And ambitious, it most certainly was. Inspired by a trip to China, Suzuki began working on a concept based around four movements, akin to a musical composition, starting with “Sadness” which would primarily deal with the loss of the character’s father, “Departure” wherein our intrepid hero would leave his homeland for China to pursue his enemy, “Fight” would detail the eventual confrontation between the two and finally, “Starting Afresh” where, after completing his mission, the protagonist would become lost, before embarking upon a new adventure. At this point, Suzuki brought in numerous screenwriters, directors and playwrights to expand upon the basic story, which was eventually fleshed out into an eleven chapter epic, with art work fashioned to portray the key themes housed within each. As development continued, Suzuki shifted the target platform from the Sega Saturn to the company’s new home console, the Dreamcast, in order to allow his vision to be realised, and drew up a list of features that were to be implemented, settling upon a target length for the game, a rather substantial 45 hours. As a result of this early work, it was determined that each chapter was now set to have its own outing, as Suzuki stated in his post-mortem, “the open world had turned out to be much more work, so I changed each of the eleven chapters into their own game. So what was Virtua Fighter: Akira’s Story became Shenmue Chapter 1: Yokosuka”.
This first entry into the Shenmue series was eventually released in December of 1999 in Japan, with US and European versions arriving in November of the following year to positive critical acclaim, seeing this now legendary masterpiece earn a respectable Metacritic score of 88%. The downside, sadly, was its underwhelming level of commercial success, though inevitably, this was due to the limited market penetration of the Dreamcast console itself, rather than the game, which was inevitably one of the machine’s most successful titles, as it should be. With its stunning open world environment, lifelike characters and complex AI routines, Shenmue was nothing short of being a revelation, though these key points themselves presented difficulties to Suzuki’s team. Programs were devised to work around memory limitations, creating trees and even designing rooms by simulating “the thought process of an interior designer,” he told his captive audience, whilst the AI routines resulted in both a rather interesting issue, and wonderfully simple solution. In the game’s harbour area, the NPCs would all purchase breakfast at the same store, and as a result, “The shop became too crowded and all the NPCs got stuck, because they couldn’t get out”. The brilliantly simple solution to this, Yu Suzuki explained, was simply that “We increased the size of the automatic door, and limited the occupancy”.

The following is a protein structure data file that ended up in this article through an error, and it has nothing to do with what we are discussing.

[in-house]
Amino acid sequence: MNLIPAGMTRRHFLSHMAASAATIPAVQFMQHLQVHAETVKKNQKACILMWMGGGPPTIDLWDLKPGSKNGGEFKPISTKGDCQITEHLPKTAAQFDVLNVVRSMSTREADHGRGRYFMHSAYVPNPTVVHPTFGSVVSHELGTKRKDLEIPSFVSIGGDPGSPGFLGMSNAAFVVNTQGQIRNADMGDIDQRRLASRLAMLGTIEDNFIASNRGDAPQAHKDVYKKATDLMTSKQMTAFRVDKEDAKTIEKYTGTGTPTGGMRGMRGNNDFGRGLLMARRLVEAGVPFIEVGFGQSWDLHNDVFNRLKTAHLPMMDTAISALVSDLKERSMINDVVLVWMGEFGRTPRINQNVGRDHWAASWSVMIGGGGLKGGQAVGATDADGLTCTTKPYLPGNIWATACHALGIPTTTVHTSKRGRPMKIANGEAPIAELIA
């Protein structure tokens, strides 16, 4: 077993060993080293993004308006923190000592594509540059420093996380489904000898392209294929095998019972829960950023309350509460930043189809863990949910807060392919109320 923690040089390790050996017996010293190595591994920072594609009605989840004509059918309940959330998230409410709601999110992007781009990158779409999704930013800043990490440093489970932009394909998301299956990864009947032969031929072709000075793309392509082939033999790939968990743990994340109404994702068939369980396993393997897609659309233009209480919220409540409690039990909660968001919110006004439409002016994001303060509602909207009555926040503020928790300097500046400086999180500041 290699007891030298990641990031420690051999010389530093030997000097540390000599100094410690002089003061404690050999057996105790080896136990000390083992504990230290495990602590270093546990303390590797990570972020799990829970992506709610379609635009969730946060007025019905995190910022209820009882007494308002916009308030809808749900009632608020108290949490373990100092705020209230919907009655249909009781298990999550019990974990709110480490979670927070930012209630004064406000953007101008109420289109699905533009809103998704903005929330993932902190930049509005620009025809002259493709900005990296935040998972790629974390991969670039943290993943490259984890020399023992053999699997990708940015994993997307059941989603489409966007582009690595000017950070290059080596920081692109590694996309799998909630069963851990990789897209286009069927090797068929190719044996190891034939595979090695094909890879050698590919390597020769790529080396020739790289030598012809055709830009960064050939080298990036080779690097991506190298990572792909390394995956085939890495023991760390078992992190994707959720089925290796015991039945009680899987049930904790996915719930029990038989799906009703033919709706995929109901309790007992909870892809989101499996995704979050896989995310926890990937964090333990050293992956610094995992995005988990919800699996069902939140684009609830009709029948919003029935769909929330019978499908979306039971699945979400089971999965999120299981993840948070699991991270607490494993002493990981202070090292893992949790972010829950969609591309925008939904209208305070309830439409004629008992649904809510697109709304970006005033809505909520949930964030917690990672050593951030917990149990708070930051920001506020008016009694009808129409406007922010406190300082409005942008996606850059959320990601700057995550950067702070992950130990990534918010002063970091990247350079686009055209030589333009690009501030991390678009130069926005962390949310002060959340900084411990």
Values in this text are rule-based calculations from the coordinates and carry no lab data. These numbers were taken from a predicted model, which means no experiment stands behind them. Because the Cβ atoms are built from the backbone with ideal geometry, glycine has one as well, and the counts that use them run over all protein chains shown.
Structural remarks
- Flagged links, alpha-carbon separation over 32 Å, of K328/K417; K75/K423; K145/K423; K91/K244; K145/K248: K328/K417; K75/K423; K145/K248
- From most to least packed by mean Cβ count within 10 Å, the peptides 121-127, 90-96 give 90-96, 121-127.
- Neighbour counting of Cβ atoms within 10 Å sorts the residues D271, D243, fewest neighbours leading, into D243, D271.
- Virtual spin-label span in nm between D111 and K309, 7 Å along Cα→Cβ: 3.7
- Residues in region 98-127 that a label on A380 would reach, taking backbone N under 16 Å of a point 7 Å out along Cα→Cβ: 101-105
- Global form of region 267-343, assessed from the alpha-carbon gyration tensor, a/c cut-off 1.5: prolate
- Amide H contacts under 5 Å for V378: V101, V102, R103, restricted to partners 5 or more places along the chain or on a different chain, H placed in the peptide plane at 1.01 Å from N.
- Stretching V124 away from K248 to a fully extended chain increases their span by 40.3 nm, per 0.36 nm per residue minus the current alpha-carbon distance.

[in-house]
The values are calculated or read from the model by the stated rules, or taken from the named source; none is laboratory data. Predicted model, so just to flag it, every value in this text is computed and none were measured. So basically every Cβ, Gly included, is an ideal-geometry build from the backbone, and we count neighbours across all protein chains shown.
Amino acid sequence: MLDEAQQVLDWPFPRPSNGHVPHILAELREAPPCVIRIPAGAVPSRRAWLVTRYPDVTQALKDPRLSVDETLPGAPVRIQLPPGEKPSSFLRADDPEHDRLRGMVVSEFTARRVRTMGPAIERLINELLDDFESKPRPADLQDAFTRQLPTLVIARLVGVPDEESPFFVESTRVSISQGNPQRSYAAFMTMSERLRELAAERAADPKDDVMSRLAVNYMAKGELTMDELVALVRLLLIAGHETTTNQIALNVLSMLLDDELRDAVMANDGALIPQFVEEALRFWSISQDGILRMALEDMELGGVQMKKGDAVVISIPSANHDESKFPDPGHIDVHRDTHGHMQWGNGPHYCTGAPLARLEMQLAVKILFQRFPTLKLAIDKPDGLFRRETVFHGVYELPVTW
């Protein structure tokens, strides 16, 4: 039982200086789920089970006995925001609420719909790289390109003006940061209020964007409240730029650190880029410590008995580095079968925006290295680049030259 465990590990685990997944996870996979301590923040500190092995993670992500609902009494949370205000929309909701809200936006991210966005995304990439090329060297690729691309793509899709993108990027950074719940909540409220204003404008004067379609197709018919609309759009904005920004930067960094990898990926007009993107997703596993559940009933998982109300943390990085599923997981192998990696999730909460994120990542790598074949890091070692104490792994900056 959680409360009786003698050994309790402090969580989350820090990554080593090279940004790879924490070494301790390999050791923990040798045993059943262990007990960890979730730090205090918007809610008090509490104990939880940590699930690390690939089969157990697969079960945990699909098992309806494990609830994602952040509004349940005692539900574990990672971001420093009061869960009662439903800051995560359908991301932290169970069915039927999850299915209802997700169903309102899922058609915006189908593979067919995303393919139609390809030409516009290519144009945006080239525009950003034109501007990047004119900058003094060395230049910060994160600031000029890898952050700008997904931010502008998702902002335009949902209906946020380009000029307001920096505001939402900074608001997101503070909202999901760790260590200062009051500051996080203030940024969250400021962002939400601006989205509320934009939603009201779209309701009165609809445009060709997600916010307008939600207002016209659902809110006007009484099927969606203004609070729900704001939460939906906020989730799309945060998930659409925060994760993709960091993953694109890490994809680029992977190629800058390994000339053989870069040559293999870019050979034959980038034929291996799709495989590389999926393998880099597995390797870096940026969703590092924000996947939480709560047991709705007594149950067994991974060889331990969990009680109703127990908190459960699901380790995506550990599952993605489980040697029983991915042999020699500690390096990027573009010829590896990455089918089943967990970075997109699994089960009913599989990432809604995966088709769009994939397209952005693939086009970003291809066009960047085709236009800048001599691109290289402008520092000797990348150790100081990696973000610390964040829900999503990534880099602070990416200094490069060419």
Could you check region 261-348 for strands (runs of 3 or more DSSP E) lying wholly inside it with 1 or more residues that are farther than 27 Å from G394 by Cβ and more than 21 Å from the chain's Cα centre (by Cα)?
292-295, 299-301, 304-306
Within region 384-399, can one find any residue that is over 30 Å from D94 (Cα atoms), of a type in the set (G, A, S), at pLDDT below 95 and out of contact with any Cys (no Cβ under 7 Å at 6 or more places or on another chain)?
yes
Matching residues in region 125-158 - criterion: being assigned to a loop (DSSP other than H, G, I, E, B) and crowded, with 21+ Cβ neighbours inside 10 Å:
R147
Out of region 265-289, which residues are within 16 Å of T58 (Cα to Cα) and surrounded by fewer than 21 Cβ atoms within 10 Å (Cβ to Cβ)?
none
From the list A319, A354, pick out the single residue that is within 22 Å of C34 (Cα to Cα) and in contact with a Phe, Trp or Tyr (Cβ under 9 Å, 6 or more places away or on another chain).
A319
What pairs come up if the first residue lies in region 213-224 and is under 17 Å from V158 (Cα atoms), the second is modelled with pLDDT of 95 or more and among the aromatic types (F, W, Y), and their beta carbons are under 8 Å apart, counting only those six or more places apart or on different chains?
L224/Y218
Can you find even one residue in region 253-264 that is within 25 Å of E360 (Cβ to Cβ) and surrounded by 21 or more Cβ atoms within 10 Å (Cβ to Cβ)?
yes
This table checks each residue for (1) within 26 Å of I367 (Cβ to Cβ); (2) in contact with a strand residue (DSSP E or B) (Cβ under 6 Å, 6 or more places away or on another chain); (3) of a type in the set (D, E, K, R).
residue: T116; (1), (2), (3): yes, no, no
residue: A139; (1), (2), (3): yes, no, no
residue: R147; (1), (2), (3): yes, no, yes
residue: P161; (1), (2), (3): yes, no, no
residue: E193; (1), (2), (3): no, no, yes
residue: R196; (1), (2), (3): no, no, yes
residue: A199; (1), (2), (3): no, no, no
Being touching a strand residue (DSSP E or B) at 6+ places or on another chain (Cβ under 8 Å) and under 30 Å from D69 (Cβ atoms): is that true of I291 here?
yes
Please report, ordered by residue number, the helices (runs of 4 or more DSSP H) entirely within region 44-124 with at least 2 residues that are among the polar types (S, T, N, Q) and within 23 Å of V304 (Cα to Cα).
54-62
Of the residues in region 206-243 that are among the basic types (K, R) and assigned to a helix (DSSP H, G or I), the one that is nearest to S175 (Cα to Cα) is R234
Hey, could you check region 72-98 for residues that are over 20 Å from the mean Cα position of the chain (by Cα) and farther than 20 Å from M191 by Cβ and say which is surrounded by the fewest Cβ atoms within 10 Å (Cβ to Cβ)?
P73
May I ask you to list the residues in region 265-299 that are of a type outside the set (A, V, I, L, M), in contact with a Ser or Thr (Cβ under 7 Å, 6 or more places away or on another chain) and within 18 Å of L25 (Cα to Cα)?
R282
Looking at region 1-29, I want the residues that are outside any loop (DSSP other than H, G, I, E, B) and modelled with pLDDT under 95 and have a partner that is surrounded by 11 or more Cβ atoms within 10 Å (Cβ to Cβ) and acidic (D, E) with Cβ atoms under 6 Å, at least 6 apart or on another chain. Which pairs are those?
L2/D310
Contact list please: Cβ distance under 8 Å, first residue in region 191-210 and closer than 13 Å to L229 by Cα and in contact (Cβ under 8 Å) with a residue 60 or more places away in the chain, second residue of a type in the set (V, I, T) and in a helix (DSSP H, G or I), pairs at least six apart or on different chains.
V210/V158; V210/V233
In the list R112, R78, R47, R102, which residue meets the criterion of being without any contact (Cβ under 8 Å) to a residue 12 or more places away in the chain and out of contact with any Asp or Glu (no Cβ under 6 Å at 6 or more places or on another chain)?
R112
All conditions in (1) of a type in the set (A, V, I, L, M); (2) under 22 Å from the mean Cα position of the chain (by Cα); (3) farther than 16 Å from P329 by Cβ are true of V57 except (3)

For the Shenmue fans most eager to finally have a third entry into the series, potentially the most interesting aspect of Suzuki’s dissection of the development cycle, was likely to be the very first and least unexpected question raised during the audience Q&A. At this point, Suzuki was asked whether he would like to make Shenmue 3, and equally so, his answer came as little surprise to anyone in attendance. “I sure want to make it,” he said, “of course I want to make it. If I get the right opportunity…”
Invariably then, with hope for a new game ever increasing, the monthly Shenmue tweetathons will continue unabated, hoping that one day, the opportunity that Yu Suzuki himself is waiting for will present itself to him, so that finally, the epic story of Ryo Hazuki can be brought to a close, fifteen years or more after it first began. Gita Bellin famously said that “A thing is complete when you can let it be”, so only then, when the loyal fan base of Yu Suzuki’s magnum opus no longer have to clamour to have their voices hear by publisher, Sega, will we know that the journey is complete, and that finally, we can all simply let Shenmue be. Until that day comes, however, may we all continue to strive towards that most noble of goals, so that one day, we may even get to #SaveShenmue.